Unleash Windows

  6. #6
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    Thanks, bbearen. Unfortunately, I had found this link before I posted in this forum, and it didn't help. The scripts described just turn on Microsoft Update, which still doesn't work, as described above. I have to revert to WU and get updates for Windows only.

    Until this problem is resolved (if it is ever resolved), I can always use the workaround of applying updates manually, but without Microsoft Update to tell me what patches are available for my system, there's no guarantee I'll catch them all.

    Fafner

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    I thought I'd report back after having solved this problem. Well, I didn't actually solve the specific problem, but it went away after a clean install of Windows 8. Since the error was due, apparently, to an issue carried over from Windows 7 when I upgraded. I eliminated the issue with a clean reinstall (reset). Worked like a dream. So let me add my voice to those in this forum who advocate a clean install over an upgrade. I resisted at first, because of all my old software. A clean install is more work at first, but it saves you a lot of time in the long run, and you have a nice, slick new computer. Thanks to everyone for all your good advice.

    By the way, I have since installed 8.1, and that, too, went smoothly.

    Fafner

  8. #8
    Plutonium Lounger Medico's Avatar
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    I will modify a previous post in another thread. I have always advocated a Custom (Clean) install, generally with a format during the installation. I stated that for Win 8.1 I used the Upgrade Install. I believe in actuality this was not an Upgrade Install at all, but an installation of a Service Pack, similar to Win 7 SP1. I realize that MS does not call it a Service Pack, but in my mind that is exactly what it is. Perhaps this is one reason why a stand alone ISO file is not available. The Win 7 SP1 ISO file was made available eventually, but this was also NOT a stand alone OS, but a major upgrade to Win 7. I suspect Win 8.1 is similar in that without an already installed Win 8 OS the Upgrade is just that, an upgrade. In order to get to Win 8.1 from Win 7 or the Win 8 preview, unless you have an Image of Win 8 and can get it back, you must purchase the OEM or Retail versions of Win 8.1.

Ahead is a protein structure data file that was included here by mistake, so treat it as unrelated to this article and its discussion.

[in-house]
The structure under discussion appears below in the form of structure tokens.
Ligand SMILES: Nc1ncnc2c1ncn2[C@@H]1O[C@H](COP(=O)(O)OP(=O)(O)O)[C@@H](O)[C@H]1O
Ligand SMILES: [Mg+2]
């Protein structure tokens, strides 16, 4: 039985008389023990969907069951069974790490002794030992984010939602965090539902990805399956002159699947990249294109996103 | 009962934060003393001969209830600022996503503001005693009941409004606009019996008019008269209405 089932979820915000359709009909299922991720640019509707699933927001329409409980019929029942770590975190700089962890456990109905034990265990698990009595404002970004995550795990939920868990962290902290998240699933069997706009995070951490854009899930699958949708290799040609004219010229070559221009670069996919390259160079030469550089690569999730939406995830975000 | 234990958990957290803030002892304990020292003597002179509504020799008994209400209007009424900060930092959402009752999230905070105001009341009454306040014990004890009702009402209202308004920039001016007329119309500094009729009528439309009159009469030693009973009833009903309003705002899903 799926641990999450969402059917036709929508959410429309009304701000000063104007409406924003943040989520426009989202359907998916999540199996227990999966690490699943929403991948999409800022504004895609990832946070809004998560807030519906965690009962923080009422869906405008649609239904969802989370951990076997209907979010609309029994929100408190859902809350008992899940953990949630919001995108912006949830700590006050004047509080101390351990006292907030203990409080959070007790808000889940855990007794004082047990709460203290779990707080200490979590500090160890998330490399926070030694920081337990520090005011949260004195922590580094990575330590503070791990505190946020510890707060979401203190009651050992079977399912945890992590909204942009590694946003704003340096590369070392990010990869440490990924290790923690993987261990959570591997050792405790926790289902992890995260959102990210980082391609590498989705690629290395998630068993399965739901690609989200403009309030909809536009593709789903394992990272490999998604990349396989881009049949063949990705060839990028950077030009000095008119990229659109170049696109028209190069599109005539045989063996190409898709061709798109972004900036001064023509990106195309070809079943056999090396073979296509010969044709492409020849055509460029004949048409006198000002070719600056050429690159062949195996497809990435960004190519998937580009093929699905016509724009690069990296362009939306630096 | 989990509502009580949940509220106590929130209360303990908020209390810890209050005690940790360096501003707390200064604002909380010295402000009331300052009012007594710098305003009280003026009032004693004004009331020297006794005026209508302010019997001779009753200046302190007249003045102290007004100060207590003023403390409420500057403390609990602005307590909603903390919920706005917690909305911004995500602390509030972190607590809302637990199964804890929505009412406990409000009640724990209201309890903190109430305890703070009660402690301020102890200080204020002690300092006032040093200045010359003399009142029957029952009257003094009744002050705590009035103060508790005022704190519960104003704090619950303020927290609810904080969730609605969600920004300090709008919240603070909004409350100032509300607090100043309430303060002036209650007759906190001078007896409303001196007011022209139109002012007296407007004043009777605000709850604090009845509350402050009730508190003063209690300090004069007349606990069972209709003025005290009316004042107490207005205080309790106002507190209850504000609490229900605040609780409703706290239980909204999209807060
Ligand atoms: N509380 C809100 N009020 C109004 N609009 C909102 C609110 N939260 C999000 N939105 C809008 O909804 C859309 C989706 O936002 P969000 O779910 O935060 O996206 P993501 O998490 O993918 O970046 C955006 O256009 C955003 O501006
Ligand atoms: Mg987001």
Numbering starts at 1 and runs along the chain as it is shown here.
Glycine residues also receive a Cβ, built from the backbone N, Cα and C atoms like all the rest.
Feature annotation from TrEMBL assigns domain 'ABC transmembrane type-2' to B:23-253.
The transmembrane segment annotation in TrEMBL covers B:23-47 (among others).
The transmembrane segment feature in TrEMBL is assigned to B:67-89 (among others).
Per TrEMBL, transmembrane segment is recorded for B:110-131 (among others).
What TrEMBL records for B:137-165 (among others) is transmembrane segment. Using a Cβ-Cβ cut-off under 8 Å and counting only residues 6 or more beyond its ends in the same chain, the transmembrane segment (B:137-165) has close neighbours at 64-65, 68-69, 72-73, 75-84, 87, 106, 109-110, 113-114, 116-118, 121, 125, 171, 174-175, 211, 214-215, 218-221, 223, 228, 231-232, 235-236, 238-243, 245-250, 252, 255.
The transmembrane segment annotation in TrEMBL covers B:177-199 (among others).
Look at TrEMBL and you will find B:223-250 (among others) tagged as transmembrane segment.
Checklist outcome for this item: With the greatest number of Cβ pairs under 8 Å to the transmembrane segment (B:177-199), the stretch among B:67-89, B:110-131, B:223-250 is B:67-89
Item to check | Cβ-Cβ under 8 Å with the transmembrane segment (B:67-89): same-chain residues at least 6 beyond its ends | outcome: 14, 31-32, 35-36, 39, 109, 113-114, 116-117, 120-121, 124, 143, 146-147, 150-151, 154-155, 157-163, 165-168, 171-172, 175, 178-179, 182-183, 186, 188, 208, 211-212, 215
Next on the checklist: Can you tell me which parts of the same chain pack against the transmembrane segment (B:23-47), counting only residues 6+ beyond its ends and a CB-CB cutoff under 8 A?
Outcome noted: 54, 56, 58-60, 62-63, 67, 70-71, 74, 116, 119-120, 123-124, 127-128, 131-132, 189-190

Perhaps I am overthinking this, but that is what I believe at this time. Am I wrong?
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  9. #9
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    Quote Originally Posted by Medico View Post
    I believe in actuality this was not an Upgrade Install at all, but an installation of a Service Pack, similar to Win 7 SP1.
    ...
    I suspect Win 8.1 is similar in that without an already installed Win 8 OS the Upgrade is just that, an upgrade.
    ...
    Perhaps I am overthinking this, but that is what I believe at this time. Am I wrong?
    Yes, you're overthinking it. What would you expect an upgrade to be other than an upgrade?

    I suppose what you're saying is that without a downloadable ISO, there was no opportunity for a clean install?

    Bruce